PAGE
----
Influencers say they’ve received unwanted sexual solicitations worth thousands

BTW

Several social media influencers said strangers send them solicitations worth thousands of dollars every day, according to the BBC.

While Facebook and Instagram have strict policies against sex workers soliciting services on the platforms, they don’t seem to have been as vigilant about stopping unwanted solicitations ending up in influencers’ inboxes.

Love Island contestant Tyne-Lexy Clarson said she was offered about $22,000 for dinner and drinks. Clarson was later offered about $55,000 for five nights in Dubai. She told the BBC that the solicitations are “life-changing amounts of money” but that she didn’t accept the requests.

Clarson isn’t the only influencer receiving solicitations. The BBC reports that several influencers said they’ve received offers and that it was an unexpected part of becoming famous on social media.

Celebrity agent Rob Cooper told the BBC that it’s not just women who are being sent these messages.

“I would say a high-level influencer or reality star receives these messages every single day,” Cooper told the BBC.

In recent years, social media companies have worked to ban sex workers and adult content creators from posting their content on their platforms. For example, Facebook and Instagram are banning some posts that include sexual emojis. And, Tinder took down dating profiles from sex workers.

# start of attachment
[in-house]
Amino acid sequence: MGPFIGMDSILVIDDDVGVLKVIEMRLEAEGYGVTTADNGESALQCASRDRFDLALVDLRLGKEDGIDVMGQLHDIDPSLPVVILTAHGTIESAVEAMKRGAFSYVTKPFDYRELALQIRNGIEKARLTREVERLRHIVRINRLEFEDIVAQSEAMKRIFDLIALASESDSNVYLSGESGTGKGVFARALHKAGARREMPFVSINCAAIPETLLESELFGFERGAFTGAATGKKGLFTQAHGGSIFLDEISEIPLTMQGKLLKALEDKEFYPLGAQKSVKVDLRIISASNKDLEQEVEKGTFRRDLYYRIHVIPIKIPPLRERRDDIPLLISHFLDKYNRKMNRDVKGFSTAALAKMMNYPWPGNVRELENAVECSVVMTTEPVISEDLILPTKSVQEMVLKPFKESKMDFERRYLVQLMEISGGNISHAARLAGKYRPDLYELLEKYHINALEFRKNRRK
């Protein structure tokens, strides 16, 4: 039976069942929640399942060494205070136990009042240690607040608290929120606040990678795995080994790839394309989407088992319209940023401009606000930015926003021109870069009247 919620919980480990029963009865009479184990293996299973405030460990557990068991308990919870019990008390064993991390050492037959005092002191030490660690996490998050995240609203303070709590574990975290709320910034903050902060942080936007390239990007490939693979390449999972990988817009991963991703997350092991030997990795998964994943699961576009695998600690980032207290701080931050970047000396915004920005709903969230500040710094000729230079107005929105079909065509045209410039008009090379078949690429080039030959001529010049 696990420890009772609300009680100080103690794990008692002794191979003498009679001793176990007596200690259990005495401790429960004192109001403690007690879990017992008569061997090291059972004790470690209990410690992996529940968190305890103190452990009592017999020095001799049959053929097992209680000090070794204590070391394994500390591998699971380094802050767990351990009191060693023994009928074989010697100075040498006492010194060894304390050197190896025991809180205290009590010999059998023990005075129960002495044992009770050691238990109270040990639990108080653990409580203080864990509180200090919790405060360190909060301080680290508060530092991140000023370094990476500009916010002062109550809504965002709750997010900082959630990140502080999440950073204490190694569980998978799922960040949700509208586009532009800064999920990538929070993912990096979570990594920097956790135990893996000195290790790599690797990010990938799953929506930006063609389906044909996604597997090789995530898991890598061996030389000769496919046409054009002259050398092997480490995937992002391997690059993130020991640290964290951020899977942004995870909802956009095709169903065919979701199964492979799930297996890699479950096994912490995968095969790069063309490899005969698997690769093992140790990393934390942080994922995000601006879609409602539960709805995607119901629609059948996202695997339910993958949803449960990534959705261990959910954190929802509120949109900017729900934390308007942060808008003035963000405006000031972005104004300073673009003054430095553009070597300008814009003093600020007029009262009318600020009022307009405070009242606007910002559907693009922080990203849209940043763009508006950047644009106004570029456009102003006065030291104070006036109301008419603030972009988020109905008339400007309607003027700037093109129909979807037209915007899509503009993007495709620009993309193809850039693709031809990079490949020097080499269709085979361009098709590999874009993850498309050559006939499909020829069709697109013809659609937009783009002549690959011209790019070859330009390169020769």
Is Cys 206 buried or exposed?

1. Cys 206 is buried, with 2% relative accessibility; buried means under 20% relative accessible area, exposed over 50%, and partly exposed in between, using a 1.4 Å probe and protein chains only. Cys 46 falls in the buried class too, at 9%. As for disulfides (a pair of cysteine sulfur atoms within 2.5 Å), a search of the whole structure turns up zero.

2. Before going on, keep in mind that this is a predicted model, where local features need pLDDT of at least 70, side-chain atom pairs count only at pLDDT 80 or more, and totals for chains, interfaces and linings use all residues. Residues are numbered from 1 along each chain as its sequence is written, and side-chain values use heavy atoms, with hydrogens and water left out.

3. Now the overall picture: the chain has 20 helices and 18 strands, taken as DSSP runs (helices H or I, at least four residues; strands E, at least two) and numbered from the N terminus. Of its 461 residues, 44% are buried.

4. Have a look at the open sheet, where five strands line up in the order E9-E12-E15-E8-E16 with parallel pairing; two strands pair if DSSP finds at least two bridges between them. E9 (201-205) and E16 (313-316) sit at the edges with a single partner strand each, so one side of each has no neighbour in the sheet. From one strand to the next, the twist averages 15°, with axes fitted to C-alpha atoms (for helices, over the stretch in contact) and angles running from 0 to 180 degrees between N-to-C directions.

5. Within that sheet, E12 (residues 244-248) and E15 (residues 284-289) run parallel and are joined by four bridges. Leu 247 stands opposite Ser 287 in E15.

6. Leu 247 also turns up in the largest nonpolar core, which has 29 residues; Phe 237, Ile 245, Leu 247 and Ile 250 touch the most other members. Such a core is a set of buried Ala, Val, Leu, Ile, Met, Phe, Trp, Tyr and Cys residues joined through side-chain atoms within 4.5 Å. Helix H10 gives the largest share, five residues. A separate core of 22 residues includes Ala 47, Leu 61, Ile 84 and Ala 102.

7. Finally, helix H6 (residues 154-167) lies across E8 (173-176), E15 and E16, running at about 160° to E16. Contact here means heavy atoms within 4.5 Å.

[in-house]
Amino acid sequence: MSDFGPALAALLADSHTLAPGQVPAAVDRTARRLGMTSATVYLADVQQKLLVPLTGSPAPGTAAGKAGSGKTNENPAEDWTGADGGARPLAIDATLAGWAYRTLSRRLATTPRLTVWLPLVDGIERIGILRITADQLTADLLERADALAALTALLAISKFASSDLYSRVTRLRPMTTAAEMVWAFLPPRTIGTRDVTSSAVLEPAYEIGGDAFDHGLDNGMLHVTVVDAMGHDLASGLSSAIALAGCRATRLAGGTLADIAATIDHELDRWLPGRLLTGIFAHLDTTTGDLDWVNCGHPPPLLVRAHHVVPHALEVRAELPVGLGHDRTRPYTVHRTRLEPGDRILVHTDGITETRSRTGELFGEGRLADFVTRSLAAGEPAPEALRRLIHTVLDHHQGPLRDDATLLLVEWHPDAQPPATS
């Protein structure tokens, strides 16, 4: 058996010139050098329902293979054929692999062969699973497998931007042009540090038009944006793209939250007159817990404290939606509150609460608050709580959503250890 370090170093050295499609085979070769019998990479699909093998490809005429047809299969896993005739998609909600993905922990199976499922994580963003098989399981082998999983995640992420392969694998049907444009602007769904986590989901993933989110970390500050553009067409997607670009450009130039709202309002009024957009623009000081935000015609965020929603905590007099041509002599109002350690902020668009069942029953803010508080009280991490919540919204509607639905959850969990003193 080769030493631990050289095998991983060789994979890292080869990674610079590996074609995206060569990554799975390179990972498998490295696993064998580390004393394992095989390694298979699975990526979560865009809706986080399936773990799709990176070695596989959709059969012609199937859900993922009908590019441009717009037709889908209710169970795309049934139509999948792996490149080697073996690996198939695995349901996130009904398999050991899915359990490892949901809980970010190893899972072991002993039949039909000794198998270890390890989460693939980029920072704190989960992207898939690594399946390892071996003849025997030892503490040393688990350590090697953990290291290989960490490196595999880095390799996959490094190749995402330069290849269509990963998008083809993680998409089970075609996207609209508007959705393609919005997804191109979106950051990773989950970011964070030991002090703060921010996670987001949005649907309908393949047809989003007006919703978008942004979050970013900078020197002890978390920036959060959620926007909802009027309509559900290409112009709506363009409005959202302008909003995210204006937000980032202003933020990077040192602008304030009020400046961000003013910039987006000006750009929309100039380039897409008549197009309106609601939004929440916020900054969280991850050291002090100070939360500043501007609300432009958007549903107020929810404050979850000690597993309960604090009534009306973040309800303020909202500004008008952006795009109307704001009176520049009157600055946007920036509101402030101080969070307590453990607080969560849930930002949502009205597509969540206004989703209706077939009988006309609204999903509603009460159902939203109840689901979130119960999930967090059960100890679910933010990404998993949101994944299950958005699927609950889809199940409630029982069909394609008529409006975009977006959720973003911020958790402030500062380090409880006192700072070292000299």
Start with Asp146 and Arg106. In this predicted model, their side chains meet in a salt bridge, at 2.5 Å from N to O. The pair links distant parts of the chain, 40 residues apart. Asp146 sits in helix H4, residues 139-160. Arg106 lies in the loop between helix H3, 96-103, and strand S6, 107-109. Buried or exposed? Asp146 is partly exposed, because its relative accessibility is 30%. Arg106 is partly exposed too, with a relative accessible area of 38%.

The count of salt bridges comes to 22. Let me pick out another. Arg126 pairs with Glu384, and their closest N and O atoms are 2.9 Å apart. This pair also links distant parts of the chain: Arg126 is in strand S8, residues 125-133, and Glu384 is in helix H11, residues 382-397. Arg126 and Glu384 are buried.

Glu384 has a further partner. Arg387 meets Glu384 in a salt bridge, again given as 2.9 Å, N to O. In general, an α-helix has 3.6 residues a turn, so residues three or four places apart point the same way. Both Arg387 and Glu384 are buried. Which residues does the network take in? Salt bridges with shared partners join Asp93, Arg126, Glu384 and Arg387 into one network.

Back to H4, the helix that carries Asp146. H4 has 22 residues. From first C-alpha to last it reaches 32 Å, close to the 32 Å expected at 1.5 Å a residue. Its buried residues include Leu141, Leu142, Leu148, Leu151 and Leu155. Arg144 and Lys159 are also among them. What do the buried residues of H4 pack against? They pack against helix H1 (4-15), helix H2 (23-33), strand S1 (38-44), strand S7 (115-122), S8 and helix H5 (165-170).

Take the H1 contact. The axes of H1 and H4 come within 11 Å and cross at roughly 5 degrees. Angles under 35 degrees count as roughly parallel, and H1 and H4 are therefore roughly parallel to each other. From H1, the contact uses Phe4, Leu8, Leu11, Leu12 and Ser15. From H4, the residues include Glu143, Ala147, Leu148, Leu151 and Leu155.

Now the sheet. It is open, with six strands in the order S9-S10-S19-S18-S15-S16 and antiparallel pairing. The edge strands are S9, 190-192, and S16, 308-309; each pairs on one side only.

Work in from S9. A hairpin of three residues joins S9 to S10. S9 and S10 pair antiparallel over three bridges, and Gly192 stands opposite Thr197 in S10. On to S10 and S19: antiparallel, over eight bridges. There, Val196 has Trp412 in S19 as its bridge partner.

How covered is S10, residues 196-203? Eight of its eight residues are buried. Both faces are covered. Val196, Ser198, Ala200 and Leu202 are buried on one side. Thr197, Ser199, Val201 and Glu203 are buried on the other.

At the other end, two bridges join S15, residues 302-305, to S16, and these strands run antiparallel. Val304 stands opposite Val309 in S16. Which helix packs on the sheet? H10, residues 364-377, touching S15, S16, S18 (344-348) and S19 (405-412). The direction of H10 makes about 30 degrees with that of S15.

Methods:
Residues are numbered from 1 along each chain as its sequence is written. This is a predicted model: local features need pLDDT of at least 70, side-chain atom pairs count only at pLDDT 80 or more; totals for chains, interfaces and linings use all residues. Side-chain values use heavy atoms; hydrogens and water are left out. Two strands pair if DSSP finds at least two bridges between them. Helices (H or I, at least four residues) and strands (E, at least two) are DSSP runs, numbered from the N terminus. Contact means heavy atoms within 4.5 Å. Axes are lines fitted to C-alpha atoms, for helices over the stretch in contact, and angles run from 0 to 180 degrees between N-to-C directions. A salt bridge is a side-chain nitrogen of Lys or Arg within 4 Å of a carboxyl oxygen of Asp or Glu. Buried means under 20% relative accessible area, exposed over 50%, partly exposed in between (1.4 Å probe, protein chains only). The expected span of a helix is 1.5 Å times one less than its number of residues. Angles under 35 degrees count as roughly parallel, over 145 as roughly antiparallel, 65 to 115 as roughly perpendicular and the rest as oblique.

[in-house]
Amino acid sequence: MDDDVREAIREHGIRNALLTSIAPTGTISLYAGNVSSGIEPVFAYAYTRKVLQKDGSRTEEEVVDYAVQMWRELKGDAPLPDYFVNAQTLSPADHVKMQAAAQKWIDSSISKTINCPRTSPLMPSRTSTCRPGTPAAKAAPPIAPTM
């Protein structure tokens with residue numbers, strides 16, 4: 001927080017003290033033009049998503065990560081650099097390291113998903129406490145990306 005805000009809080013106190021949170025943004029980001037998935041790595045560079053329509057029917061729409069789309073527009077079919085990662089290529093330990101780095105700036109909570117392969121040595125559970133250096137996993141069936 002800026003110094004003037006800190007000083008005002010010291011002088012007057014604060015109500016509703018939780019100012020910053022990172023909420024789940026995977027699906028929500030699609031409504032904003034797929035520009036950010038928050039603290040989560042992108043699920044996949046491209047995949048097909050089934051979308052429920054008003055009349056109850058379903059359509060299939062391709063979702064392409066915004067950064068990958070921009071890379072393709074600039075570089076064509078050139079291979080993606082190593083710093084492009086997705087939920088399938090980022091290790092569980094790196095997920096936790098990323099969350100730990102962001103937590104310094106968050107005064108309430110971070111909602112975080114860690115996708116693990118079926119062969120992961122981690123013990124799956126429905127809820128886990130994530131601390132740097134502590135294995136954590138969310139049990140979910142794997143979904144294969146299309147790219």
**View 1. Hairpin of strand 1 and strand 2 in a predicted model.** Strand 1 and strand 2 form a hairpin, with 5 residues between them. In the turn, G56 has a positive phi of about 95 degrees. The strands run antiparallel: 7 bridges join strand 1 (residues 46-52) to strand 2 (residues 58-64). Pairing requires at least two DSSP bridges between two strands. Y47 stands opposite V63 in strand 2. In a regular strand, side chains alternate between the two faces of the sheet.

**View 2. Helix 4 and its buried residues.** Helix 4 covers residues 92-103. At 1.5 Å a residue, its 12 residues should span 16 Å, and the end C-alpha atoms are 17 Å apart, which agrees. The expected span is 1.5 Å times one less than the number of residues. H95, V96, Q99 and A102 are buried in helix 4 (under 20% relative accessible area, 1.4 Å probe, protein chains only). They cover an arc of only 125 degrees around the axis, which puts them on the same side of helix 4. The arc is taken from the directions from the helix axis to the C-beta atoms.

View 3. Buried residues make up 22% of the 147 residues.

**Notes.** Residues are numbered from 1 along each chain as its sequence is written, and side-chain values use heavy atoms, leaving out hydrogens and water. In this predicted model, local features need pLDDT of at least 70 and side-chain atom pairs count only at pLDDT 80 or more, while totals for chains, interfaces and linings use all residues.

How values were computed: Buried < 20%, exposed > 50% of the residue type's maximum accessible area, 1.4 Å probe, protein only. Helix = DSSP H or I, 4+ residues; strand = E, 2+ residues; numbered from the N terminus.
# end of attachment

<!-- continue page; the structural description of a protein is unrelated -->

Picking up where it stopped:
However unwanted solicitations continue despite social media platforms’ stringent rules and attempts to force out sex workers and sexual content.

“Sexual solicitation is not tolerated on Instagram, and those who repeatedly break our guidelines will be banned,” a Facebook spokesperson told BBC. “We want Instagram to be a safe space for people to express themselves. We invest heavily in tools and technologies to prevent harassment on the platform.”

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H/T BBC 

Sierra Juarez

Sierra Juarez is a freelance journalist and fact-checker based in Mexico. She most enjoys writing about human rights and politics and working in audience engagement. Her work has appeared in the Texas Tribune, the Austin American–Statesman, and the San Antonio Current.